Solder only the tips of the multistrand wire. It will eliminate loose strands. Loose strands can cause a short. With your pliers, form a hook shape on the end of the wire.

Hook the wire into the screw terminal wrapping it in a clockwise direction around the screw. You don't want the hooked wire facing counterclockwise because it will force the wire out of the terminal as you tighten it. Thank Mr. Crowe, my High School shop teacher for that bit of advice.

Per the above diagram, finish wiring everything.

Something Mr. Crowe didn't teach me is an extra precaution I like to use. After you're through wiring all the connections, wrap electrical tape around the bodies of the switch and receptacle.
This is just an added precaution just in case a wire comes loose.

Before screwing down the receptacle and switch into the J Box, remove the small black screw retainers first. You'll need the receptacle and switch to fit flush.

Lastly, remember to wire up the green ground wire from the cord to the receptacle and switch.

Step 4: It's Banana Time!

Add the self adhesive rubber feet.

Superglue on the acrylic domes to the switch. I found these premade at Tap Plastics.
These are needed to make it easier to use the switch with your feet.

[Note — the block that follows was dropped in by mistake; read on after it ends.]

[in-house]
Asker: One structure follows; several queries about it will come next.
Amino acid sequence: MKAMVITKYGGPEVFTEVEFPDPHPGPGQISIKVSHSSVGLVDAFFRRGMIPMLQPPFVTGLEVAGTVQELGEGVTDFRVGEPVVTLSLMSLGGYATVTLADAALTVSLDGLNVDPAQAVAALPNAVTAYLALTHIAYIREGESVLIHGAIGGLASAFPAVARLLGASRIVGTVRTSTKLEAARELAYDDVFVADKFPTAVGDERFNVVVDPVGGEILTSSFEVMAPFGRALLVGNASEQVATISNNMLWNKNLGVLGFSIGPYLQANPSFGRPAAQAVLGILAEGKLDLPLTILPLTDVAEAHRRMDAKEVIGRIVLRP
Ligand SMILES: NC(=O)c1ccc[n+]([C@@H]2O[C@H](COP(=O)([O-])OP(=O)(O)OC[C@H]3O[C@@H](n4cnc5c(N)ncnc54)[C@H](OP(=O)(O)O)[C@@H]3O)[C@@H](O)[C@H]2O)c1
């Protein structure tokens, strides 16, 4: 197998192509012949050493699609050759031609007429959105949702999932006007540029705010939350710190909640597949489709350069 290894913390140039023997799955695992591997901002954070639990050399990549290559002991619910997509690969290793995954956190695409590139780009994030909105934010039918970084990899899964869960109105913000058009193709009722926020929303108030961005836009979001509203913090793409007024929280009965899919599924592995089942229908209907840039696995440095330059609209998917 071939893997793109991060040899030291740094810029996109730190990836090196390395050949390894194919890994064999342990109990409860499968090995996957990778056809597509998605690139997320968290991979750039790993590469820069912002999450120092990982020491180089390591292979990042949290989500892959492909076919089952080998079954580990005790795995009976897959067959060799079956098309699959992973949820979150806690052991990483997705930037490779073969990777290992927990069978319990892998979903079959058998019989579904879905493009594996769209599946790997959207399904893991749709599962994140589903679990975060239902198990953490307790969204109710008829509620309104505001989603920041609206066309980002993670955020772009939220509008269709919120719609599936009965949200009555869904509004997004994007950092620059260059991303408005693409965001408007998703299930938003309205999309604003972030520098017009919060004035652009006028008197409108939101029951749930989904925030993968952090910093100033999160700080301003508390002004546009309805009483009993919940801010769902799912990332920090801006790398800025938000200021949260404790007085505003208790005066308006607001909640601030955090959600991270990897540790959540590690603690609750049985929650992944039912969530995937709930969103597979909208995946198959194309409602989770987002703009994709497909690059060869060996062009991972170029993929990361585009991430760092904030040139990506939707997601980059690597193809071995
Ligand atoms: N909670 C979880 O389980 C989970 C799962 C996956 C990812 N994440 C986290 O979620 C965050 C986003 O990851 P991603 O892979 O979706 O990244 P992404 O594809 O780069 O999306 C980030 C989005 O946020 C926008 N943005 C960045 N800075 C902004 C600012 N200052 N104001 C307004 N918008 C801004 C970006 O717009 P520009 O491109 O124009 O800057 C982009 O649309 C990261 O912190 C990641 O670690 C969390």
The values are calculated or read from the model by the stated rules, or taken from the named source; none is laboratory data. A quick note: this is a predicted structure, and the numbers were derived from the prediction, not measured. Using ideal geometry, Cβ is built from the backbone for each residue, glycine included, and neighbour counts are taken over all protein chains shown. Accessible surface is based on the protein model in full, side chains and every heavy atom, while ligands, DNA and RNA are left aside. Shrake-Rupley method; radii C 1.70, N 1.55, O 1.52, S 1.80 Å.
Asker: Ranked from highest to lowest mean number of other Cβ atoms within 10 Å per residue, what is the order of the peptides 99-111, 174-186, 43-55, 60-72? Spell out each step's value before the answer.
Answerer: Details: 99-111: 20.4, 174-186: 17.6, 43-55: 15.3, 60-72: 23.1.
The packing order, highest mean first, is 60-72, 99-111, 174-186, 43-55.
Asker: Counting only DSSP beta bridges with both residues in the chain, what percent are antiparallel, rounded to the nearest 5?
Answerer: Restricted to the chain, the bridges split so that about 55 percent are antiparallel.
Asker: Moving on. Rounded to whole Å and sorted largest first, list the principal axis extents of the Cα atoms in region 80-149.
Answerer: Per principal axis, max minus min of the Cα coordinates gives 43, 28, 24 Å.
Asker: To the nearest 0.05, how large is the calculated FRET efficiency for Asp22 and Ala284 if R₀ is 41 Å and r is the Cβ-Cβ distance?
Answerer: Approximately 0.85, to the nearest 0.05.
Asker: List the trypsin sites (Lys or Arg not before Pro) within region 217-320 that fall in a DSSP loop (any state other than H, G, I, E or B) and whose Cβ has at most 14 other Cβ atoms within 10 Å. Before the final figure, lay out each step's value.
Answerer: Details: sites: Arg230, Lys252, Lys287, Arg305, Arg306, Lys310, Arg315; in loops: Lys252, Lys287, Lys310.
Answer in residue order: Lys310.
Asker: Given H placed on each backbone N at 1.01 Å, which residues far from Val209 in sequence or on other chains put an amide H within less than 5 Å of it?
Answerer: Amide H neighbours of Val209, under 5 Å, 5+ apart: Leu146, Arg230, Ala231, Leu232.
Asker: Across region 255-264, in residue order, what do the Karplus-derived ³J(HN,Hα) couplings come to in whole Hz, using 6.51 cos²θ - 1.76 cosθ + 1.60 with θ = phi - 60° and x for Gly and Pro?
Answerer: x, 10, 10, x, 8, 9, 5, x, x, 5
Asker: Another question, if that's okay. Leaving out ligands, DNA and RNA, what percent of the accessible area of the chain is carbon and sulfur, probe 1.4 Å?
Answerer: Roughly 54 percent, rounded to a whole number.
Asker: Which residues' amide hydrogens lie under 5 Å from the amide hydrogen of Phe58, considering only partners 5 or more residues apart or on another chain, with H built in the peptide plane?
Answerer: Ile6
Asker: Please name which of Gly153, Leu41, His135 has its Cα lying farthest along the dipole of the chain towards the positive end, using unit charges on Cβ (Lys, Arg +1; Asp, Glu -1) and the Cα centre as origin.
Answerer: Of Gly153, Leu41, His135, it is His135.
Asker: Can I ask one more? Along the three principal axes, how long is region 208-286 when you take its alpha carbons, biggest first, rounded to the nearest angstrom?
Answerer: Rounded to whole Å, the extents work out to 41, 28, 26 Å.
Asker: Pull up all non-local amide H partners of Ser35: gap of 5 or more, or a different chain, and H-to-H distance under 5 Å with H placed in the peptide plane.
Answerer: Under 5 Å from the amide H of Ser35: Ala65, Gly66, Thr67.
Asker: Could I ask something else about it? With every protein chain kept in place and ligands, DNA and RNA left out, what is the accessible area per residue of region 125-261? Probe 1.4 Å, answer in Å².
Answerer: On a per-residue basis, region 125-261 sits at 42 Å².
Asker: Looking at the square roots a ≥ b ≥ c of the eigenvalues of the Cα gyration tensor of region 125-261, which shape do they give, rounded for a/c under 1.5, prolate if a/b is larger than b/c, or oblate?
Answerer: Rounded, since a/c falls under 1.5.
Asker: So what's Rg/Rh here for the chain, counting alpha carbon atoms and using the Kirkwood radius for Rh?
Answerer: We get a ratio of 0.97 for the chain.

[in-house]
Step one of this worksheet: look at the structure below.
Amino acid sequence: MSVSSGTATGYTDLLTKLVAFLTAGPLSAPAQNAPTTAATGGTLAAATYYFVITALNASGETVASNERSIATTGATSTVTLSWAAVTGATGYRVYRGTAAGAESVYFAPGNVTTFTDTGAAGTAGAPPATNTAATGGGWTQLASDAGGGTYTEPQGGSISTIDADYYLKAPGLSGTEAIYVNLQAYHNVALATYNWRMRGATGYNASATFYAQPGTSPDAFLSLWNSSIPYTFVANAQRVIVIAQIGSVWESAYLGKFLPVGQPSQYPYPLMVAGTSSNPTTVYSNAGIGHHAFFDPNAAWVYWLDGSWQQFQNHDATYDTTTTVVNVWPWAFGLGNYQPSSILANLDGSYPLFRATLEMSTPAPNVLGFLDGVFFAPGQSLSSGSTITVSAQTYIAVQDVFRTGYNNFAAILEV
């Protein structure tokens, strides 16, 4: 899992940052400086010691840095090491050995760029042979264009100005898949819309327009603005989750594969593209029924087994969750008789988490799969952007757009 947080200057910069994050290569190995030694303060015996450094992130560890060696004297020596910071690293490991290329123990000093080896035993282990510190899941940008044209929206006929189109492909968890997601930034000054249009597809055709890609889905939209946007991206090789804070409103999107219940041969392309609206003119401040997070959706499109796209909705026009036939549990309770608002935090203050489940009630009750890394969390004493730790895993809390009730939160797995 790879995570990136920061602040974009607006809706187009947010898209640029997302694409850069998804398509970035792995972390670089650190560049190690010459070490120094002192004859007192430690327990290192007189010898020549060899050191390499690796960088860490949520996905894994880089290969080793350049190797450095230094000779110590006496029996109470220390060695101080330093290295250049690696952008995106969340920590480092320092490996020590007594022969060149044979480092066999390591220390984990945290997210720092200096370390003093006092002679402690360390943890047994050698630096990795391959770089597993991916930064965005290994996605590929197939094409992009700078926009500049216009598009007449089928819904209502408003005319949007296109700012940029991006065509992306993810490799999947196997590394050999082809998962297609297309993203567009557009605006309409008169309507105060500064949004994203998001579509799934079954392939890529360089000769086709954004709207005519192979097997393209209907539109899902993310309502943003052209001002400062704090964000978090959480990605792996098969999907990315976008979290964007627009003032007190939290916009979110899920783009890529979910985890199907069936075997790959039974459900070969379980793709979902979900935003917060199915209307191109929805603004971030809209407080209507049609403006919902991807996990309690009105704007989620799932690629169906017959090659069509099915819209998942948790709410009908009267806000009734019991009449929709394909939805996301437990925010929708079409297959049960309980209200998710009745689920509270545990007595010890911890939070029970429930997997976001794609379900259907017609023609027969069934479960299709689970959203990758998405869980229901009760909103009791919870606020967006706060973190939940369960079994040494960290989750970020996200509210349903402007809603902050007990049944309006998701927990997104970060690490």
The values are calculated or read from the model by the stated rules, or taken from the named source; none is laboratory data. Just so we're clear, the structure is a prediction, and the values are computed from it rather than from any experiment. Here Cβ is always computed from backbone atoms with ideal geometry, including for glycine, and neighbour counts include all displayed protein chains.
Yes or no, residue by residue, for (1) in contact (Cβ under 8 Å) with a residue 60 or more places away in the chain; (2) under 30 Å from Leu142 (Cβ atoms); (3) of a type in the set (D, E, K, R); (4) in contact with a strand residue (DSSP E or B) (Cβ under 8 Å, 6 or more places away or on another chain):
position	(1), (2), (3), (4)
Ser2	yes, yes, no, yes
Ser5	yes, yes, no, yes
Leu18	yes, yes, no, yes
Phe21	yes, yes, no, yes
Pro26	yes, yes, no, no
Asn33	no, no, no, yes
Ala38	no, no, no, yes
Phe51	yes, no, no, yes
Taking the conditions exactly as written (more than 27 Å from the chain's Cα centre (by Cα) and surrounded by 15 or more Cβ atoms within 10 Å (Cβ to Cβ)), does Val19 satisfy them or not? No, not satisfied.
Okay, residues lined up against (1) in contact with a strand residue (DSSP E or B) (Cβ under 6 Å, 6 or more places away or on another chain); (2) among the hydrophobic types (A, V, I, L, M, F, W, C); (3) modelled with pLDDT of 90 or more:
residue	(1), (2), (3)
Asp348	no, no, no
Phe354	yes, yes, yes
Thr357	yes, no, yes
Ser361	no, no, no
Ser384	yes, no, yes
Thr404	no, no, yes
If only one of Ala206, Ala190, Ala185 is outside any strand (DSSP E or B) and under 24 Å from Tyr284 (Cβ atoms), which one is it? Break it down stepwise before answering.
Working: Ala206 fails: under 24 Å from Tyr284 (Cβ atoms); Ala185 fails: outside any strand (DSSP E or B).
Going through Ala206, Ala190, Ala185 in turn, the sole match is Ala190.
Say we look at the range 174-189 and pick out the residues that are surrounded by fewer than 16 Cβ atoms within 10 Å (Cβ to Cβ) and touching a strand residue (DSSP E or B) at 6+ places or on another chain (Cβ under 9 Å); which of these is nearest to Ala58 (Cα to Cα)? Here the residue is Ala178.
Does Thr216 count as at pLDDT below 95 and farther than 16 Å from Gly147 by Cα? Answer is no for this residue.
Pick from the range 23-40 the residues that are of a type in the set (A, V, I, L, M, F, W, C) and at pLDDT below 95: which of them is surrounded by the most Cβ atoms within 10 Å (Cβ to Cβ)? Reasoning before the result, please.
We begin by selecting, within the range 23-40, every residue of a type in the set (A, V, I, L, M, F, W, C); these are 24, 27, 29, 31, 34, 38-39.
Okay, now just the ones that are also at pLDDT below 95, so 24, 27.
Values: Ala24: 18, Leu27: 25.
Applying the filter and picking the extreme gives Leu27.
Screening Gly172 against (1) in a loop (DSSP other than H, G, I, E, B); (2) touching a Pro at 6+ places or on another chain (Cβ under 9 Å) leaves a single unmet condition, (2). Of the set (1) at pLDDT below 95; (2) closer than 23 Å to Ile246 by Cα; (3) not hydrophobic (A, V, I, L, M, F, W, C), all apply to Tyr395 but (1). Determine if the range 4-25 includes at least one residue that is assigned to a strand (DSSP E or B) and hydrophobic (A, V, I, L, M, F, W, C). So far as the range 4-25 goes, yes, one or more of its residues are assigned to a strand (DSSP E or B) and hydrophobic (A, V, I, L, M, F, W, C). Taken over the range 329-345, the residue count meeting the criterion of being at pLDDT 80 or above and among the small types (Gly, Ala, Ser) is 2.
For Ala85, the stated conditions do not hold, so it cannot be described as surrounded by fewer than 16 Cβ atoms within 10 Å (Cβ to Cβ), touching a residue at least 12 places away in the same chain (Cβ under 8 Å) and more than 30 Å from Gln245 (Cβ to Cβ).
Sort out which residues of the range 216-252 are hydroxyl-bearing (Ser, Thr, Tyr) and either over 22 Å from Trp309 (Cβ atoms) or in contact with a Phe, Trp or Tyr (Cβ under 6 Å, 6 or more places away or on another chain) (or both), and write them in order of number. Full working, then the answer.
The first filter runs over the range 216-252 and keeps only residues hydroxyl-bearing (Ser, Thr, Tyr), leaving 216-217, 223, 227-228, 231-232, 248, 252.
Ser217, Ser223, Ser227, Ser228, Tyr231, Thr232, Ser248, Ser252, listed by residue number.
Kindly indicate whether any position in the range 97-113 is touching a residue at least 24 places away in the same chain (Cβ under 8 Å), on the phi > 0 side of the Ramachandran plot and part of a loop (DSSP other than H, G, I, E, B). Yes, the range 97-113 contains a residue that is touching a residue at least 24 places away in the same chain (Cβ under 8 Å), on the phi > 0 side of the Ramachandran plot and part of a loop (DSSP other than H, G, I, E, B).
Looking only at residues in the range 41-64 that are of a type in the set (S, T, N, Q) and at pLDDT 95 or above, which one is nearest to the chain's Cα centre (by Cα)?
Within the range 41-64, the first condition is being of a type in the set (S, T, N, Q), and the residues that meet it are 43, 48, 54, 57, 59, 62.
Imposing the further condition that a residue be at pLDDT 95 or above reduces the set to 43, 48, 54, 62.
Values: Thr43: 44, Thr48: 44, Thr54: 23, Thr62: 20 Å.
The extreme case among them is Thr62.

Add some P-Touch labels and you are done! Get a beer and banana.

Final Obligatory Warning: These parts are indoor rated and not intended for outdoor use.
No telling what long term affects these parts will have in a dusty or dirty environment. In addition, these parts are rated 120 volts, 15 amps. Be careful not to overload these parts especially with motor operated a belt sander.



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    22 Discussions


    That looks really nice! When I saw the first image, I thought that was a large Superball, sawn in half and then glued down. I like the stand in picture for the last step that converts a handheld belt sander to a standing belt sander. Is it shop-made? Possibly the subject of a future instructable? Great project!

    2 replies

    Thanks! Yeah, the belt sander stand is shop made. I didn't capture any photos when I made it but since others have shown interest, I'll try to put another Instructable together.

    Thanks. I admit it but I believe in giving credit to those I have "borrowed" from. stuie25 put together a great Instructable but I was concerned the stomp switch used wasn't rated high enough for my belt sander.


    Reply 11 years ago on Introduction

    He mentions that instructable as the source of his ideas, he just said that he combined them, with some modification.


    Thanks, but I'll be the first to admit, it is a short cut. :-) I couldn't find the strain relief mentioned in the DIY Power bar Instructable. That's the proper way of doing a strain relief.


    11 years ago on Introduction

    Can we see ore of the belt sander stand? Looks extremely good and very useful.

    1 reply

    11 years ago on Introduction

    just be a little easy and don't stomp on the switch to hard. They can brake under the force feet can provide.

    1 reply